Mobile is all the rage nowadays. Industry giants such as Microsoft and Apple claim to have mobile devices that make the PC obsolete. It makes for great marketing, but do mobile devices have what it takes to keep employees productive inside and outside of the workplace? The statistics say no, but the gap is closing. Here are three mobile myths all CIOs should consider.
Mobile Users Aren’t So Mobile
Device marketing has created an aura around the smartphone in particular that the world opens up when you buy their product. While it is super convenient to be able to contact people while you’re on the go, according to a study by the University of Virginia School of Engineering and AOL Networks, nearly three-quarters of all smartphone use takes place within the friendly confines of the user’s own four walls.
If you consider that you spend a lot of your life in a limited amount of places, this study quickly makes sense. The use of mobile devices has expanded from a go-to device when you’re on the go, to a subsidy of a user’s entire life. Over 50 percent of television users admit to using a mobile device while they are watching television. With this kind of steadfast connectivity, users reap the benefits of mobile in all aspects of their lives, creating the second myth…
Mobile Devices Are Good for Work
As an extension of yourself, your mobile device acts as your onboard computer. This leads to marketers blatantly suggesting that since you have access to a powerful computer, on an easy to use device, that you can be more efficient and productive because of it. That’s a wonderful theory, and the world would be a better place if it were the truth, but it is simply hyperbole. Mobile devices are consumption models. The touchscreen is responsive enough to play games or even write out a list or an email, but using productivity software on a 4½-inch screen is just wishful thinking.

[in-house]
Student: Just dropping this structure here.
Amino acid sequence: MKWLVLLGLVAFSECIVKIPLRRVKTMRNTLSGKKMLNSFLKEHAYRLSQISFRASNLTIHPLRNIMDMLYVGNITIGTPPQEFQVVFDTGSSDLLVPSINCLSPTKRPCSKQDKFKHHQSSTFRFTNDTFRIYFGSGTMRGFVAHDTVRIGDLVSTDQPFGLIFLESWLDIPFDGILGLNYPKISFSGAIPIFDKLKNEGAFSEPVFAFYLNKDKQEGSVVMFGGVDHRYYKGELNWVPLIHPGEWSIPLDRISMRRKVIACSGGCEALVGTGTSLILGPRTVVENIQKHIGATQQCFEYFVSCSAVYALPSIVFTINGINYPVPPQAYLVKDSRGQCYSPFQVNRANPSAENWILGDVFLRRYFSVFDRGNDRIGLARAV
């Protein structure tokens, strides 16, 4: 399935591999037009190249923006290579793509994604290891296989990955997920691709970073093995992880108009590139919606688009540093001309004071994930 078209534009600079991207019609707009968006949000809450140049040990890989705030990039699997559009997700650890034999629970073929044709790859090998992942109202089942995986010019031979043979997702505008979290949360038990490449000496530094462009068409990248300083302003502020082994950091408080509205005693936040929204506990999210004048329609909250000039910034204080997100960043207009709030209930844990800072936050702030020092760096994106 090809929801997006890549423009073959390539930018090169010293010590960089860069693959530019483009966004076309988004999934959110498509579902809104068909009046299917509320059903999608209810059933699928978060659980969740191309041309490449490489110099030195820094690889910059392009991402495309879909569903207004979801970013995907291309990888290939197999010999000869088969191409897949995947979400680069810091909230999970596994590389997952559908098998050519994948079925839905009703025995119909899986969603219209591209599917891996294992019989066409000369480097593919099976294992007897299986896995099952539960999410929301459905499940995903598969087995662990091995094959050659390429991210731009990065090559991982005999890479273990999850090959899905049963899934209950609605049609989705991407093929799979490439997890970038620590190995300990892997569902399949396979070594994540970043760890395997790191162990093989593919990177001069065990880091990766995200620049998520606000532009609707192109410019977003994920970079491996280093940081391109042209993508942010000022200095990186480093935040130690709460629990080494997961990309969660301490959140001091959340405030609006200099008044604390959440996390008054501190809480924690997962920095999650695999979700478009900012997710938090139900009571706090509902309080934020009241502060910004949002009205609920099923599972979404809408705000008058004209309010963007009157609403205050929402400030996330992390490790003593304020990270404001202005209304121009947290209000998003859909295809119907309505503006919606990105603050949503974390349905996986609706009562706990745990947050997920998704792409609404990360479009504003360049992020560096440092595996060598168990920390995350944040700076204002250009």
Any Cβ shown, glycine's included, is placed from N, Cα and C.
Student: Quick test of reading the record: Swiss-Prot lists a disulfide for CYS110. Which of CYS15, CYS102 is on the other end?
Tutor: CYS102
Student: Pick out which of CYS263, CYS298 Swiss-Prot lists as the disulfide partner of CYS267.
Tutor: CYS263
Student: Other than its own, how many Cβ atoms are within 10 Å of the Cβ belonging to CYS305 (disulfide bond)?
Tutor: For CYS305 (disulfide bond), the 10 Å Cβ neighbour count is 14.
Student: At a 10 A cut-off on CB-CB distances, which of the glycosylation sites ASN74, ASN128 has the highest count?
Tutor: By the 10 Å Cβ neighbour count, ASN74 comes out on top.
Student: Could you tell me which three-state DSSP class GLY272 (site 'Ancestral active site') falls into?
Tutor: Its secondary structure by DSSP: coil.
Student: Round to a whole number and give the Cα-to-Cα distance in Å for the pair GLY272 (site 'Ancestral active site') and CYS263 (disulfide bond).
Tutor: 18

Yes, there are some things a user can do on a tablet that can be deemed “work,” but the majority of mobile devices available are being used for consumer information. Smartphones and tablets are great for checking and responding to email, sharing files, setting a schedule, etc., but the real work is, for the most part, still being done on the PC. There has been a push to integrate mobile device technology into retail as a point-of-sale system, or health care as a ePHI (electronic Protected Health Information) dissemination conduit. While these uses are still technically consumption-based, they go above and beyond watching the NFL on your phone.
Mobile Isn’t Safe
Mobile devices have a perception of being less secure than their PC brethren. In fact, 71 percent of respondents surveyed by Forrester on this very topic said that they somewhat or strongly agreed that your typical PC is more secure than a mobile device. Most modern mobile devices come equipped with secure operating systems and they are operated by users that are extraordinarily proficient, as where PCs are more complex machines and have a larger virtual surface area to protect.
The growth in proliferation of mobile in the retail and healthcare industry lends to the notion that these devices are secure computing platforms and do have value in the home and in the workplace. Companies are not only beginning to implement mobile device management programs, they also need to consider bring your own device (BYOD) and bring your own access (BYOA) strategies.
Not all is bad or good about mobile devices in the home and the workplace. For work, mobile should be left as an accoutrement or subsidy designed for consumption. If you are looking to implement a mobile device management solution to keep your network protected, give us a call at 973 882 4644. We can consult with you on what the best mobile strategy is for your company and design and implement a plan that allows mobile to bring value to your organization.
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